3. Endemic fauna and flora
Rodrigues is a volcanic island that emerged from the ocean between 1.5 to 1.3 million years ago. Because of its unique location far from other islands, fauna and flora has developed in a specific way. That’s the reason why we can find MANY endemic plants and even animal species on the island. There’s a wide variety of different plants growing on the Rodrigues island that do not grow anywhere else in the world. However, it’s also possible to see some species that are endemic to Rodrigues and Mauritius, or even Reunion island.
I really appreciate the fact that there are many programmes nowadays trying to protect endemic fauna and flora. The locals have learned from what happened in the 18th century when some endemic animal species died out on Rodrigues, such as giant land turtoise or solitaire (endemic flightless bird). In the present, more and more locals are really trying to take a good care of their nature, fauna and flora on the Rodrigues.
Rodrigues fody and Rodrigues warbler are 2 endemic bird species still living on the Rodrigues, but are vulnerable or near threatened. We can also see citically endangered Rodrigues flying fox on the island, which is an endemic fruit bat species. Always look around you when walking around the Rodrigues, as you might spot peculiar animals.
If you would like to learn more about the endemic flora on Rodrigues island, I recommend you to visit Botanical garden Jardin des 5 Sens in the middle of the island. There a cute guide will explain you a lot of information about the local endemic plants, medicinal and aromatic herbs and you can even see them in real. That’s a unique opportunity you should not miss. I get always so amazed at the medicinal use of many plants everywhere I visit, so the Botanical garden left me speechless. I have not seen so many of their plants anywhere else in the world.
As the reef around the Rodrigues island does not receive any zooplankton from anywhere else, certain species of crustaceans, corals and damselfish can be found only there. There’s a big 200 square kilometre lagoon with coral reefs surrounding Rodrigues island which looks amazing also from the airplane. Don’t forget to look down when landing/taking off 🙂
In addition to endemic fauna and flora, we will also observe cattle all around the Rodrigues island. Seeing loads of cows, goats and even sheep everywhere I went would always put a smile on my face. Loved how rustic the island still is! Rodrigues is so not a typical beach destination. I had a good laugh when I walked down to the beach from Bakwa Lodge for the first time and saw a cow there. And then had another laugh to see goats around my sunbed just in front of my Bakwa Lodge room. Isn’t it cool to see animals running free around the island?
There’s also many big spiders living on the island, but they are completely harmless and are mostly relaxing in the nets around the electricity posts. Great thing? No snakes on the island at all, no other poisonous animals. It’s super safe to go hiking around the island.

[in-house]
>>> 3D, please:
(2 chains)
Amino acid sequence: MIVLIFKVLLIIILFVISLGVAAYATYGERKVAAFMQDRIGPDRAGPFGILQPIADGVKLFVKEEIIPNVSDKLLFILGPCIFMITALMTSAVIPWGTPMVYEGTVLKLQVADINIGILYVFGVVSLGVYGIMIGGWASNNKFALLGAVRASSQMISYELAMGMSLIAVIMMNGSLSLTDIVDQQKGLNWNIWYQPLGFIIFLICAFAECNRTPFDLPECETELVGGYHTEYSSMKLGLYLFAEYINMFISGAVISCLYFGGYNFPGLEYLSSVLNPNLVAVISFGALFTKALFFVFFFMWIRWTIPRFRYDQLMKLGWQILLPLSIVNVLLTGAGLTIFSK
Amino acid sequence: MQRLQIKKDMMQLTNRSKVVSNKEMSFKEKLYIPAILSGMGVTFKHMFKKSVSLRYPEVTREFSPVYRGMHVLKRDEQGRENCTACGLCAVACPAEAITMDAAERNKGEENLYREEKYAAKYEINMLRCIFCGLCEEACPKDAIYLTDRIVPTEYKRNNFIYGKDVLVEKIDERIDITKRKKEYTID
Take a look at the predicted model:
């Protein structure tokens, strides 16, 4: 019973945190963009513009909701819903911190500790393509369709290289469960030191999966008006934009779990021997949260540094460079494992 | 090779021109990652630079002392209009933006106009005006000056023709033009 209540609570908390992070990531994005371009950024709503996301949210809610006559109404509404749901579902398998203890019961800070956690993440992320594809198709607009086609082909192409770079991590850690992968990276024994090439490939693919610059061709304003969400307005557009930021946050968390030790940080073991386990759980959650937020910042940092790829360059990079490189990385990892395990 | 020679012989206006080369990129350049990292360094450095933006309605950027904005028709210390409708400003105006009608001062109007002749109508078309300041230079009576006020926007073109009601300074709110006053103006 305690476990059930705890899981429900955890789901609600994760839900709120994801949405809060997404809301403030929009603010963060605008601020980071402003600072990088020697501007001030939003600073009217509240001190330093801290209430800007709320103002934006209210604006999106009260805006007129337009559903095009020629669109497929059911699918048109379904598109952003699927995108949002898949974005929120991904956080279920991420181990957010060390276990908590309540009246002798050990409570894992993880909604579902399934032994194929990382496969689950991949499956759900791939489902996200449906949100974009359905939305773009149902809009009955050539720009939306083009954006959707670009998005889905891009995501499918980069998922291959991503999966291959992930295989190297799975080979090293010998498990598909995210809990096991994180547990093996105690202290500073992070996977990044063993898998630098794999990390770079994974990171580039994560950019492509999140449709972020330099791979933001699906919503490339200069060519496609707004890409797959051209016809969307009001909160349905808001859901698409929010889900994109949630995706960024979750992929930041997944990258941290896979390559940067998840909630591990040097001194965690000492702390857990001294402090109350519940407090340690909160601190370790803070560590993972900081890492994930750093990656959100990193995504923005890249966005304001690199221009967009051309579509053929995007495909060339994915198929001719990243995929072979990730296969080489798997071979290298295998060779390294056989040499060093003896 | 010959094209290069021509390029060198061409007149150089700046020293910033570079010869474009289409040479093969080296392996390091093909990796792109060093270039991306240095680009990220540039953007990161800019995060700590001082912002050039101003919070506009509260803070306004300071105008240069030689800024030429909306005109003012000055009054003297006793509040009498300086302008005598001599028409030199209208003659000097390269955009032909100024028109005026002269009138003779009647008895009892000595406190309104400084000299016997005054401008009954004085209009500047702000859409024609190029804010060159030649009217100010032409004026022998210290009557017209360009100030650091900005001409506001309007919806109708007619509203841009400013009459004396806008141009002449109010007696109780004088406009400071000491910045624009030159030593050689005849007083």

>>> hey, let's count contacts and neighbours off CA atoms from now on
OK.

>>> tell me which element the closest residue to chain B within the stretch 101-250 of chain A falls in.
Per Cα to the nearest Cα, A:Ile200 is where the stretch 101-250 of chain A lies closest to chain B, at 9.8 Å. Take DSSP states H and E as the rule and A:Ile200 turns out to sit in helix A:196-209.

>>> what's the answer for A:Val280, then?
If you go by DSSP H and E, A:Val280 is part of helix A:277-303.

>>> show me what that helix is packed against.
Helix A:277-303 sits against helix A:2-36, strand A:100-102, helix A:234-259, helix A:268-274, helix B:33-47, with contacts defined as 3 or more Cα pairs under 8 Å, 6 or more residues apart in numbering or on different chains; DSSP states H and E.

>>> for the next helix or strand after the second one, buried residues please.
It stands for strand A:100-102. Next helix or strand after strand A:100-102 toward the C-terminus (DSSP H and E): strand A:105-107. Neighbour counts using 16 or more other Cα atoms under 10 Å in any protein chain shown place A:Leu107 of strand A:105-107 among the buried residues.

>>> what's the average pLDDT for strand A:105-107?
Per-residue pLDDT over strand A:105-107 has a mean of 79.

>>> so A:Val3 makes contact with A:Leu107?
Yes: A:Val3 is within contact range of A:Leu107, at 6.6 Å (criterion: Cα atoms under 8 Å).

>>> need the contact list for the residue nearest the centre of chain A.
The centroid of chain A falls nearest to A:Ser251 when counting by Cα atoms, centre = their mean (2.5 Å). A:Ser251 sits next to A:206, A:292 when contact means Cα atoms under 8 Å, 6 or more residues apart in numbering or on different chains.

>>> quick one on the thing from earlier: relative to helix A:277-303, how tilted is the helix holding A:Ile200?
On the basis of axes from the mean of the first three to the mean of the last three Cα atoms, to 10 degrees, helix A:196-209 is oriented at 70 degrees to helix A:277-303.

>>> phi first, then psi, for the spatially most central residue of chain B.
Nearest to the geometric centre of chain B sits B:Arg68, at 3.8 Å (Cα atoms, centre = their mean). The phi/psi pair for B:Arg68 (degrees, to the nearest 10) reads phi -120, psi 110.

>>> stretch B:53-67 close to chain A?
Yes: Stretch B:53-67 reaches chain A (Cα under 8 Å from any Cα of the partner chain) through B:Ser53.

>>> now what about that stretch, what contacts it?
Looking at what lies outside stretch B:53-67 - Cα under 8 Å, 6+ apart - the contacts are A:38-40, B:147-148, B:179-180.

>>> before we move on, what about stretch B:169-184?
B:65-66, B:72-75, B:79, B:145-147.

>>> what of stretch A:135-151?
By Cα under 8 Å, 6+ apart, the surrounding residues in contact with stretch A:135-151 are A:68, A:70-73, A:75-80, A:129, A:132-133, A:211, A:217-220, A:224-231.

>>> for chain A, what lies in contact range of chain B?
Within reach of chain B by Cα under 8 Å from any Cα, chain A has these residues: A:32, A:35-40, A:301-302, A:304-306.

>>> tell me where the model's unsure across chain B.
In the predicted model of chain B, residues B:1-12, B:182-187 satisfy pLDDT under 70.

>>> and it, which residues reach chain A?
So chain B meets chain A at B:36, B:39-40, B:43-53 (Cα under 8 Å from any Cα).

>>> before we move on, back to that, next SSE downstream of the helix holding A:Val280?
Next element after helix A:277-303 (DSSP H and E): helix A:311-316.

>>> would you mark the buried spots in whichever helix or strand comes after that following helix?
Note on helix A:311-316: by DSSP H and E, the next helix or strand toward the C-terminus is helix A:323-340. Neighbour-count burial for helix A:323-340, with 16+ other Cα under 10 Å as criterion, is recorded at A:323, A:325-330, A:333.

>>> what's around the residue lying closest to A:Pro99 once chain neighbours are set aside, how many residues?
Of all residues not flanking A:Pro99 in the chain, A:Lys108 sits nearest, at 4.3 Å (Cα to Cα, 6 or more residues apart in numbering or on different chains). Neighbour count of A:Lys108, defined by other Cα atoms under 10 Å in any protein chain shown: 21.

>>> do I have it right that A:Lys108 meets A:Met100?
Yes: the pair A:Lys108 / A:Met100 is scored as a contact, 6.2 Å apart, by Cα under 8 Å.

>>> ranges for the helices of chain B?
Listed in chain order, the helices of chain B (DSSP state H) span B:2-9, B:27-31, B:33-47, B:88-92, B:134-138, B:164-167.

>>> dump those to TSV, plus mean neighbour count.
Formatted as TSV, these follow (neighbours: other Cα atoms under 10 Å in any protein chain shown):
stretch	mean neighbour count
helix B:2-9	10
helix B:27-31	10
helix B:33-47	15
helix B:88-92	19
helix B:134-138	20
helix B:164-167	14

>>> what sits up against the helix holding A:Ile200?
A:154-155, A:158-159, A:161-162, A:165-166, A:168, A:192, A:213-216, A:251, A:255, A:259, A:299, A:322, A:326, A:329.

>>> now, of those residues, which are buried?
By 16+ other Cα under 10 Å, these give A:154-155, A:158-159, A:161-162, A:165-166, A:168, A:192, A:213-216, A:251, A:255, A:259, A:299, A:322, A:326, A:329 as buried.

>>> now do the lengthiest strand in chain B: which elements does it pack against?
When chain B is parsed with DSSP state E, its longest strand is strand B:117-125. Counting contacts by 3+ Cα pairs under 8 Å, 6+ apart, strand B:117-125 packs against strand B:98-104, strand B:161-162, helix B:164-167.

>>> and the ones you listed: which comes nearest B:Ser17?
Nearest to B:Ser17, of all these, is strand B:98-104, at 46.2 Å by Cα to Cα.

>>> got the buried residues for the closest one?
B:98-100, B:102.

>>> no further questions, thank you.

One of the things I was looking forward to the most was to drink young coconuts. Because that’s what I do a lot when on tropical islands. If you’ve been following me on social media channels for longer, then you know I am so crazy about coconuts that some people even started calling me #coconutqueen 😀
But Rodrigues island surprised me in this as well. Despite of hundreds of coconut palm trees growing around the island, it is not common to get a young coconut at restaurants. They just don’t sell them. I only managed to get 2 coconuts during my week stay (I usually tend get 2 per day on a tropical island). It’s possible to buy young coconuts by the market in Port Mathurin. But that was the only place I found on the island. The second coconut I got was at La Chez Perle restaurant and only because my taxi driver Arnaud managed to get it for me from the tree 😀
I hope the locals realize the potention of selling coconuts to tourists as many people love them as much as I do. And we kind of expect them on an island visit, too. Young coconuts are extremely healthy, they contain many electrolytes, minerals and vitamins and are perfect for hydration. You need to hydrate your body in hot weather.
5. Fresh cuisine
I was very happy to see that most of the food you will get on the Rodrigues will come from local ingredients. Many people do not use chemicals to grow fruit and veggies, which is something I really appreciated. Eveything tasted so natural and had so much flavor to it. I give a big thumbs up for local produce!
Although most of the traditional local specialties contain sea food (mostly fish, crabs, shrimps, octopus and lobster from the Ocean around the island) or meat (from local cattle), it was not difficult to thrive as a vegan there either. You won’t find vegan meals on the restaurant menu, but if you ask waiters, they won’t have any problem explaining to chefs about your vegan/vegetarian diet. Plus, there’s so many exotic fruit growing on the island which you should taste. I recommend you to try wild raspberries, sweet small pineapple, bananas, pomegranate, papaya (called paw-paw), Rodriguan lemon, chow chow vegetable etc.
There’s 3 official languages on the Rodrigues island: Rodriguan Creole, French and English (both because of history) . English is taught at schools and most of the people will understand it. However, not everyone speaks English fluently. You know how it goes with foreign languages… if you don’t practice, you forget. I guess that’s also the case on Rodrigues island with some locals who are not in touch with tourists speaking English every day.